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Domicile of a Pseudo-Foreign Corporation: a Comparative Study Between American and Indian Position

Written by: Ankita Mathur - Student National Law Institute University, Bhopal
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Following on the success of the corporate model at a national level, many corporations have become transnational or multinational corporations: growing beyond national boundaries to attain sometimes remarkable positions of power and influence in the process of globalizing. The typical transnational or multinational may fit into a web of overlapping ownerships and directorships, with multiple branches and lines in different regions, many such sub-groupings comprising corporations in their own right.

In the spread of corporations across multiple continents, the importance of private international laws has grown many folds. Conflict of laws, or private international law, or international private law, in common law system, is that branch of international law and interstate law that regulates all lawsuits involving a foreign law element, where a difference in result will occur depending on which laws are applied.

What is a pseudo-foreign Corporation?

A pseudo-foreign Corporation[i] is an entity which is incorporated in one state & transacting all or most of their business in other state.

An Indian resident operates a business entity exclusively in India, dealing with Indian Customers, but the entity is formed in America. This entity is a pseudo-foreign entity.
The pseudo-foreign corporations are awarded a different treatment from a national company when it comes to deciding the applicable law. Various factors are considered in determining the law applicable in piercing an entity to so called pseudo-foreign corporation.

American Position:
If a case involving a pseudo-foreign corporation comes before an American court, the court exercises its jurisdiction after determining the domicile of the pseudo-foreign company. There are two conflicting opinion on what would constitute the domicile of a pseudo-foreign corporation and they are as follows:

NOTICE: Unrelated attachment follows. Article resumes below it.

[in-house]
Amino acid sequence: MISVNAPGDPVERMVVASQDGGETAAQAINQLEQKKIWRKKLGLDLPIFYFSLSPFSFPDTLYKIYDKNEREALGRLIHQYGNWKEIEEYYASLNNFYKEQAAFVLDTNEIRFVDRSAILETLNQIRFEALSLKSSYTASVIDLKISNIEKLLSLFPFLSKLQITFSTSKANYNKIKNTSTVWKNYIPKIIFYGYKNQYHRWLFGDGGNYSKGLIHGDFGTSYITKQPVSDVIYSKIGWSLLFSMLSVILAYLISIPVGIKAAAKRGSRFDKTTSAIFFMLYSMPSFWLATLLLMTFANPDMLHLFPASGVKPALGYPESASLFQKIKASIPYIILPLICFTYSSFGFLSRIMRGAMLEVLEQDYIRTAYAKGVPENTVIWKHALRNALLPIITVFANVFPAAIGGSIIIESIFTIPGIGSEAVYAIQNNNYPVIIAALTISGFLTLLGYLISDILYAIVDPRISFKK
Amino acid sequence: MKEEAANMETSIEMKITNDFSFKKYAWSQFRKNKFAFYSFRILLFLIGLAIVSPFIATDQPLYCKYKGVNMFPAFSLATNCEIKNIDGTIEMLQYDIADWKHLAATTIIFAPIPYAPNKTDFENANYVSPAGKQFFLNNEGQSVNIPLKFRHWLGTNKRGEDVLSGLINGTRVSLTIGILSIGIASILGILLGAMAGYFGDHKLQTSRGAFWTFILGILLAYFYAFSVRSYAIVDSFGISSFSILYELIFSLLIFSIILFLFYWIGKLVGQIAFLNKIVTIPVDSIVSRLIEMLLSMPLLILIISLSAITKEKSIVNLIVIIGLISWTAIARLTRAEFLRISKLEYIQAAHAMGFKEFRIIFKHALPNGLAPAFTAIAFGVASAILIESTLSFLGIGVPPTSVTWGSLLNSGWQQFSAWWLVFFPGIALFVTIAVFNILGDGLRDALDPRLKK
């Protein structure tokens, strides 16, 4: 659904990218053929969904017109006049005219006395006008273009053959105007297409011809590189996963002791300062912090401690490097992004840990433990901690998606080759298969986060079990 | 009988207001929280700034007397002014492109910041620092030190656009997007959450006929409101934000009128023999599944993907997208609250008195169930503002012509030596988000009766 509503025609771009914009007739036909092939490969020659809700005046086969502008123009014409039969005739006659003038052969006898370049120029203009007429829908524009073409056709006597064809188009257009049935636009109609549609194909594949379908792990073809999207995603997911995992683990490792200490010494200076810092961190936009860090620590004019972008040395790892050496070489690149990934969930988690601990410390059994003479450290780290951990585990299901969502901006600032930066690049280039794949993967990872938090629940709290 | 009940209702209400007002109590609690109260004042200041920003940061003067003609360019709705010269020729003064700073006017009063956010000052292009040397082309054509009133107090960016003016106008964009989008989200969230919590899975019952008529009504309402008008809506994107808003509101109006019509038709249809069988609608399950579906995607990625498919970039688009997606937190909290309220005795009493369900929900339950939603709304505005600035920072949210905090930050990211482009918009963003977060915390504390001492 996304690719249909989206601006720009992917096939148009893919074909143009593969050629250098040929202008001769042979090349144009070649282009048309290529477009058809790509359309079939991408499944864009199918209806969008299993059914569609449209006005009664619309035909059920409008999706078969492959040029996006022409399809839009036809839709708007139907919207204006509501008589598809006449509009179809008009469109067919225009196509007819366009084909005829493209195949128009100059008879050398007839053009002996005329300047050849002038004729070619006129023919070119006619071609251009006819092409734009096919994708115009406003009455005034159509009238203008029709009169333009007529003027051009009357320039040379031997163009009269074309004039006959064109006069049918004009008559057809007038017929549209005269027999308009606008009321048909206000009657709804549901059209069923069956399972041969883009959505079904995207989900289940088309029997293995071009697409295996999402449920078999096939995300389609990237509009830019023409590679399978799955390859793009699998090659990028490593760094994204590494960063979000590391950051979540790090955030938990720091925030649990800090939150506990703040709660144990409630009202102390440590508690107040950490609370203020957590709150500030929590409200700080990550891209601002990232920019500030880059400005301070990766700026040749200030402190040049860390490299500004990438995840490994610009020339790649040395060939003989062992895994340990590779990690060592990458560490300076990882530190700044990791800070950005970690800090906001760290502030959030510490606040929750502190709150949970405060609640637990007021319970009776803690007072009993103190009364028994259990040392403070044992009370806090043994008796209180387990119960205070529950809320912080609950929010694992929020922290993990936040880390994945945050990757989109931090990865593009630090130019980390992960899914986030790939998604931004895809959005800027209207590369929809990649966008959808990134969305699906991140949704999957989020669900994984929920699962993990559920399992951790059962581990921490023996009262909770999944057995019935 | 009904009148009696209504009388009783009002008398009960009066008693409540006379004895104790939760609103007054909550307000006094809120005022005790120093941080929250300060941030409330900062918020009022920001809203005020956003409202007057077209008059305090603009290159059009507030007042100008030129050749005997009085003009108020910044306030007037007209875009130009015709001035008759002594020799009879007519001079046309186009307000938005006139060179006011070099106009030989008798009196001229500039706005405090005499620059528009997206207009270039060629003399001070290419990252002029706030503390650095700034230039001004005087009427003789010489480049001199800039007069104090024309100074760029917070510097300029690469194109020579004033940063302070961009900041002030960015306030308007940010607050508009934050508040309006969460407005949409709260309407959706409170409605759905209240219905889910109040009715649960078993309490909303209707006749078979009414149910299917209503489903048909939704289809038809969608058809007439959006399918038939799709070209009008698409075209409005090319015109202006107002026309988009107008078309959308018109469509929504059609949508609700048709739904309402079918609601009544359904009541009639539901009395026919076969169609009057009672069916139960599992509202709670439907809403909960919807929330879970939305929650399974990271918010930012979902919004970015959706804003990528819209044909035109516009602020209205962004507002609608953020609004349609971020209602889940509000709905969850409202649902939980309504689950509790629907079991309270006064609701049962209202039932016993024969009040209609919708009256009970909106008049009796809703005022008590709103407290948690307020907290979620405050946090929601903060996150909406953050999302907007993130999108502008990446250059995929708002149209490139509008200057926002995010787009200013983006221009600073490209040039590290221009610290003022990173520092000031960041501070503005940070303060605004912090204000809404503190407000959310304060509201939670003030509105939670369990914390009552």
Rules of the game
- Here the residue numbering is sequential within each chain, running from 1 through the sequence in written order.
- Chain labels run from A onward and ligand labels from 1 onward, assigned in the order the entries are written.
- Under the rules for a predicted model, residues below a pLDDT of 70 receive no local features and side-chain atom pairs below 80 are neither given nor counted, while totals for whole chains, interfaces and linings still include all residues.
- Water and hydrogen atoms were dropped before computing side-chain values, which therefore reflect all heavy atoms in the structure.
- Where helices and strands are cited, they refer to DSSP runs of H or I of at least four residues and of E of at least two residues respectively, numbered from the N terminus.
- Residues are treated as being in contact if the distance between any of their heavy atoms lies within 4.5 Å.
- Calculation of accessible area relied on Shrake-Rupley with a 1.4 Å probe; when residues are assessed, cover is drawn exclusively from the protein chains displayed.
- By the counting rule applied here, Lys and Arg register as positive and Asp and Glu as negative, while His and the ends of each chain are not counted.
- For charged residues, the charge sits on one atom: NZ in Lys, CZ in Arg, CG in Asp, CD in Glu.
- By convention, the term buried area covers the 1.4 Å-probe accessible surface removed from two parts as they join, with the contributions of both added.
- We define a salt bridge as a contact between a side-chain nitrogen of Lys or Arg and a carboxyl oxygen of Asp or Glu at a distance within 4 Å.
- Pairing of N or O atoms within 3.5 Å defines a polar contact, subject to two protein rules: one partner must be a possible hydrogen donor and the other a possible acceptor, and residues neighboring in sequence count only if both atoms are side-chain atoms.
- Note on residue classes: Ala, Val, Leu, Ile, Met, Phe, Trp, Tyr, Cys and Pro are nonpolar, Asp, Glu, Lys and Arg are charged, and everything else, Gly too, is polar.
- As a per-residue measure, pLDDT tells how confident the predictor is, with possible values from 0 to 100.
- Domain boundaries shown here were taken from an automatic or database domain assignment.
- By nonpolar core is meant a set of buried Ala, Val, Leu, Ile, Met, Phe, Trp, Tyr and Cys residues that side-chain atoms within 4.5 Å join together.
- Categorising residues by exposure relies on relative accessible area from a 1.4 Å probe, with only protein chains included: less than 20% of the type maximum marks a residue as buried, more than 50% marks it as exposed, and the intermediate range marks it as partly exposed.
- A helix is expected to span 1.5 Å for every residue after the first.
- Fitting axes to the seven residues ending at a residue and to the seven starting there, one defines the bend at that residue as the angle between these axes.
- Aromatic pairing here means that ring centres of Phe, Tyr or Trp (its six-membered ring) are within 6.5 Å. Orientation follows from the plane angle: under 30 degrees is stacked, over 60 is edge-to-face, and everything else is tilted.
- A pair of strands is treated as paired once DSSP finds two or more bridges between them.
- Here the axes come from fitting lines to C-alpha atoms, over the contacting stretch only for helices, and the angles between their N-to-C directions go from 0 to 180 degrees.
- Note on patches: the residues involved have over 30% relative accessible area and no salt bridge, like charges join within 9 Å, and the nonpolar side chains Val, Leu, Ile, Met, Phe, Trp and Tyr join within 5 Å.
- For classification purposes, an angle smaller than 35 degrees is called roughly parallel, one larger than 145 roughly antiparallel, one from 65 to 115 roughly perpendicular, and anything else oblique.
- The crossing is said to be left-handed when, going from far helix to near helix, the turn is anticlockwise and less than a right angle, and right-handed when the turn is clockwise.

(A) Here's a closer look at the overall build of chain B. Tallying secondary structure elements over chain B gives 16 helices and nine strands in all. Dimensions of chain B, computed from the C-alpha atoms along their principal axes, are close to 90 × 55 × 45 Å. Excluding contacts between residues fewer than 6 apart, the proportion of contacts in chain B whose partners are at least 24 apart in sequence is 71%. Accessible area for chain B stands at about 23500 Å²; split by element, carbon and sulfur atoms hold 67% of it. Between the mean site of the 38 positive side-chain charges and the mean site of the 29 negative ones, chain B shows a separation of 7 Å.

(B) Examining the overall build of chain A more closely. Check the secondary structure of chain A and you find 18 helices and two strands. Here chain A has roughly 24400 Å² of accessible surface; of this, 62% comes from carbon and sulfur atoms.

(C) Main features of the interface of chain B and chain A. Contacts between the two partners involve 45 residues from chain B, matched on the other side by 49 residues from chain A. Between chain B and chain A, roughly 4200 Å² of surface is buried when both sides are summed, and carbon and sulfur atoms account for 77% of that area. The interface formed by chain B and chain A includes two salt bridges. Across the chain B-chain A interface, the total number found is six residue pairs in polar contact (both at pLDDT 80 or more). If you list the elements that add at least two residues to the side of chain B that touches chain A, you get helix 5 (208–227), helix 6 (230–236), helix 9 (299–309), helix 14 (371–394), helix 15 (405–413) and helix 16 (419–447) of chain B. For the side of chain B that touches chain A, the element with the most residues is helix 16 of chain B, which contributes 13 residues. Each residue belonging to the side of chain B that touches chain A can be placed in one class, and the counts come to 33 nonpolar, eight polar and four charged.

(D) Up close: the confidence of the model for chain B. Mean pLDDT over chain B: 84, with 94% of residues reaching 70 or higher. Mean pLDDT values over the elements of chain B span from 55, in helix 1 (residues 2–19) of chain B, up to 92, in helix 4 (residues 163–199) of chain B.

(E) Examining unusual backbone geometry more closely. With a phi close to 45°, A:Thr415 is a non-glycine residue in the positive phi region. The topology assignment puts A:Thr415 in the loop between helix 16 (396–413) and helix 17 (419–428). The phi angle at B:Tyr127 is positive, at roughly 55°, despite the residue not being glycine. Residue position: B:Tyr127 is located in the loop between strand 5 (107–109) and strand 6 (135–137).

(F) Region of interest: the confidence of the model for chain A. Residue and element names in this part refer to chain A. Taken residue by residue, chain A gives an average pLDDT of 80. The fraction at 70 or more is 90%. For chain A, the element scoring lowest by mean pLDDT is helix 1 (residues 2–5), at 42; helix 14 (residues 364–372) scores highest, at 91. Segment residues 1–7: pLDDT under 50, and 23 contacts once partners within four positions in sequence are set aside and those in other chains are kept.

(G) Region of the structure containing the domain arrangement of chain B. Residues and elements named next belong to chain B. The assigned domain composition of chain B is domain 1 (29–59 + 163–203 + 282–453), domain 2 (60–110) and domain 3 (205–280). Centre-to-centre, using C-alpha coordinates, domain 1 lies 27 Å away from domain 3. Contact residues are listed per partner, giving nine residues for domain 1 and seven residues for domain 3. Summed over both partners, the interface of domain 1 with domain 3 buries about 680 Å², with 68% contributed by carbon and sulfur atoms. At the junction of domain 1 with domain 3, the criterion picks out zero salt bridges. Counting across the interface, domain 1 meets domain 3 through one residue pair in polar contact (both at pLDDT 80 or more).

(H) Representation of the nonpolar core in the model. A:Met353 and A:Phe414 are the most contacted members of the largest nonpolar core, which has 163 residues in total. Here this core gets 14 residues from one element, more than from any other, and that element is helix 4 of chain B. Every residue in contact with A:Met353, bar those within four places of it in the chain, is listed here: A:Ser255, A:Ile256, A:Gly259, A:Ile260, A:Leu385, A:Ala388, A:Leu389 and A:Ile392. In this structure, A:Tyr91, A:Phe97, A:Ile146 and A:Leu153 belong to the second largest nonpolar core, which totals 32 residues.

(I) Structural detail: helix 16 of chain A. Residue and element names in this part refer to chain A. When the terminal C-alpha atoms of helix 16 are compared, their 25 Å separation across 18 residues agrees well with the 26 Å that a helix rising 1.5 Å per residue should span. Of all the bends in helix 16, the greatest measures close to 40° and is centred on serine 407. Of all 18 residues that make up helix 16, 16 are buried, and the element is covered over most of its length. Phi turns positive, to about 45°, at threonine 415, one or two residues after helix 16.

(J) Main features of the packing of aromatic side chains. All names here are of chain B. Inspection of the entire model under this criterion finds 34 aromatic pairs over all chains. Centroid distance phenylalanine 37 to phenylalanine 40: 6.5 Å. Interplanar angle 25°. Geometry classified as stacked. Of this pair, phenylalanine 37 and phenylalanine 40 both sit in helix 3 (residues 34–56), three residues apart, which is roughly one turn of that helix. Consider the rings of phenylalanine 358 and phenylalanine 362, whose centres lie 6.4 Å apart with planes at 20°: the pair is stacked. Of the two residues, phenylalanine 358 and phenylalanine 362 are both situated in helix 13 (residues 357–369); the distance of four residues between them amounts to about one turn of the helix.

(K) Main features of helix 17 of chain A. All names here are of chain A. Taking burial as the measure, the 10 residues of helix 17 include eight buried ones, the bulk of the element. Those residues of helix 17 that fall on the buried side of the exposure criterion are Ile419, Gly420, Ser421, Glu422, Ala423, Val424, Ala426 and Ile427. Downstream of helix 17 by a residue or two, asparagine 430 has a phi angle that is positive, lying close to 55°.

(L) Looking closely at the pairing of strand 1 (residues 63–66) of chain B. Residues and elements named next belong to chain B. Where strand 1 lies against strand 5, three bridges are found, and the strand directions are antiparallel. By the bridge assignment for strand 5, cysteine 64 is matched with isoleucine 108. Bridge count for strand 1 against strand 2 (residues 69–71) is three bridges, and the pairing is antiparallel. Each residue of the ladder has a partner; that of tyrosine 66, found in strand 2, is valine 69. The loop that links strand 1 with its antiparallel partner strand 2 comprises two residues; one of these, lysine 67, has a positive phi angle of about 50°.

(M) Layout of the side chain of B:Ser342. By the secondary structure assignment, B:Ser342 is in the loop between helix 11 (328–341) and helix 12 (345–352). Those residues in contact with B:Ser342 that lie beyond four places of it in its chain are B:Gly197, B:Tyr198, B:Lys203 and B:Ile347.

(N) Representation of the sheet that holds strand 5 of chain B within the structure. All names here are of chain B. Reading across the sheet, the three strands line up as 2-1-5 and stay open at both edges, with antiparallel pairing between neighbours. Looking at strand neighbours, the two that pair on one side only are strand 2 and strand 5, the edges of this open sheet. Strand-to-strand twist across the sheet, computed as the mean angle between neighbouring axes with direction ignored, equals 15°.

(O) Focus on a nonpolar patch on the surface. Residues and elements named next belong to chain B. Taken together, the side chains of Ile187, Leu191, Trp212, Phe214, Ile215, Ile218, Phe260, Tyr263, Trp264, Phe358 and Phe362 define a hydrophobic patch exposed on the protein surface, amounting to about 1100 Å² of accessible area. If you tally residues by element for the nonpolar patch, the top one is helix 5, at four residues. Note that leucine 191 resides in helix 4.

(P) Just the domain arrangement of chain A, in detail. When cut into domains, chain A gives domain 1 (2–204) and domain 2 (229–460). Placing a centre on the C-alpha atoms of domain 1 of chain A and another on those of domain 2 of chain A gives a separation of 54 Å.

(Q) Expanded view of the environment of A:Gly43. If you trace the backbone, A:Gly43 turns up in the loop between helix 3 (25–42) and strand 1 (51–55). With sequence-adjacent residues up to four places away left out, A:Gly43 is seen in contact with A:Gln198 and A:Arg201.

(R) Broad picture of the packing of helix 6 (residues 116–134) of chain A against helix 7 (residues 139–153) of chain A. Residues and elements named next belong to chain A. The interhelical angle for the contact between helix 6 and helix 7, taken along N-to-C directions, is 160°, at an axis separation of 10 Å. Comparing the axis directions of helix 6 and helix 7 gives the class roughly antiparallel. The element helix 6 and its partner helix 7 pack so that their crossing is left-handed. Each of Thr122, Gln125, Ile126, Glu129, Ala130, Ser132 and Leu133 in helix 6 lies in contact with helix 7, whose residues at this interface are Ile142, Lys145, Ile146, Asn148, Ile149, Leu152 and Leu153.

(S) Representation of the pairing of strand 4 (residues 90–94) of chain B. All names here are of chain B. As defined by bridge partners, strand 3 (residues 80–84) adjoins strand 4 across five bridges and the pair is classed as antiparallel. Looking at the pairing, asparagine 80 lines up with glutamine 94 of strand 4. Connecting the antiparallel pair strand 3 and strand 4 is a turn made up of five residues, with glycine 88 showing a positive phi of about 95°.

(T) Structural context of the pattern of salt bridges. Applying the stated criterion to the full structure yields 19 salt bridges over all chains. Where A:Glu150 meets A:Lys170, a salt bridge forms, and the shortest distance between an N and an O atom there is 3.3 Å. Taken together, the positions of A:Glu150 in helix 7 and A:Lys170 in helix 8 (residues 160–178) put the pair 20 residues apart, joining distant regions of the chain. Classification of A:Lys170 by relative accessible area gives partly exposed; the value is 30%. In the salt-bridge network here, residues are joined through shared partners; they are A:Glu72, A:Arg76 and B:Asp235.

1. The domicile of a company would be the place where it was incorporated.
2. The domicile of a company would be the place of business or where it mostly transacts.

Lex Incorporationis (Law of State of Incorporation) [ii]:

Under thisapproach the court decides the domicile of the pseudo-foreign company to be the place where it was principally incorporated. The doctrine recognizes that interests of certainty, protection of legitimate expectations and reducing the prospect of inconsistent obligations require that only one state have the authority to regulate a corporation’s internal affairs. Matters that qualify as internal affairs as those which involve primarily a corporation’s relationship to its shareholders, including the election or appointment of directors and officers, the adoption of by-laws, the holding of directors’ and shareholders’ meetings, mergers, consolidations and reorganizations and the reclassification of shares, and the purchase and redemption by the corporation of outstanding shares of its own stock. In addition, the doctrine generally requires that the law of the sate of incorporation govern allegations of director or officer breaches of fiduciary duty owed to the corporation and its shareholders.[iii] When the rights of third parties unaffiliated with the corporation are at issue, however, the doctrine does not apply and ordinary choice of law principles govern.

The Place of Business:

This approach of determining the domicile is often called the traditional approach. Under this approach the court may exercise jurisdiction as to any cause of action, if defendant is domiciled in the forum state or its activities there are substantial, continuous & systematic even if unrelated to the defendant’s activities within the state.[iv] This form of personal jurisdiction is known as general jurisdiction. However, even if a non-resident defendant’s contracts with a forum state are sufficiently ‘continuous & systematic’ for general jurisdiction, it may still be subject to jurisdiction on claims related to its activities or contracts there.[v] This form of personal jurisdiction is known as limited jurisdiction.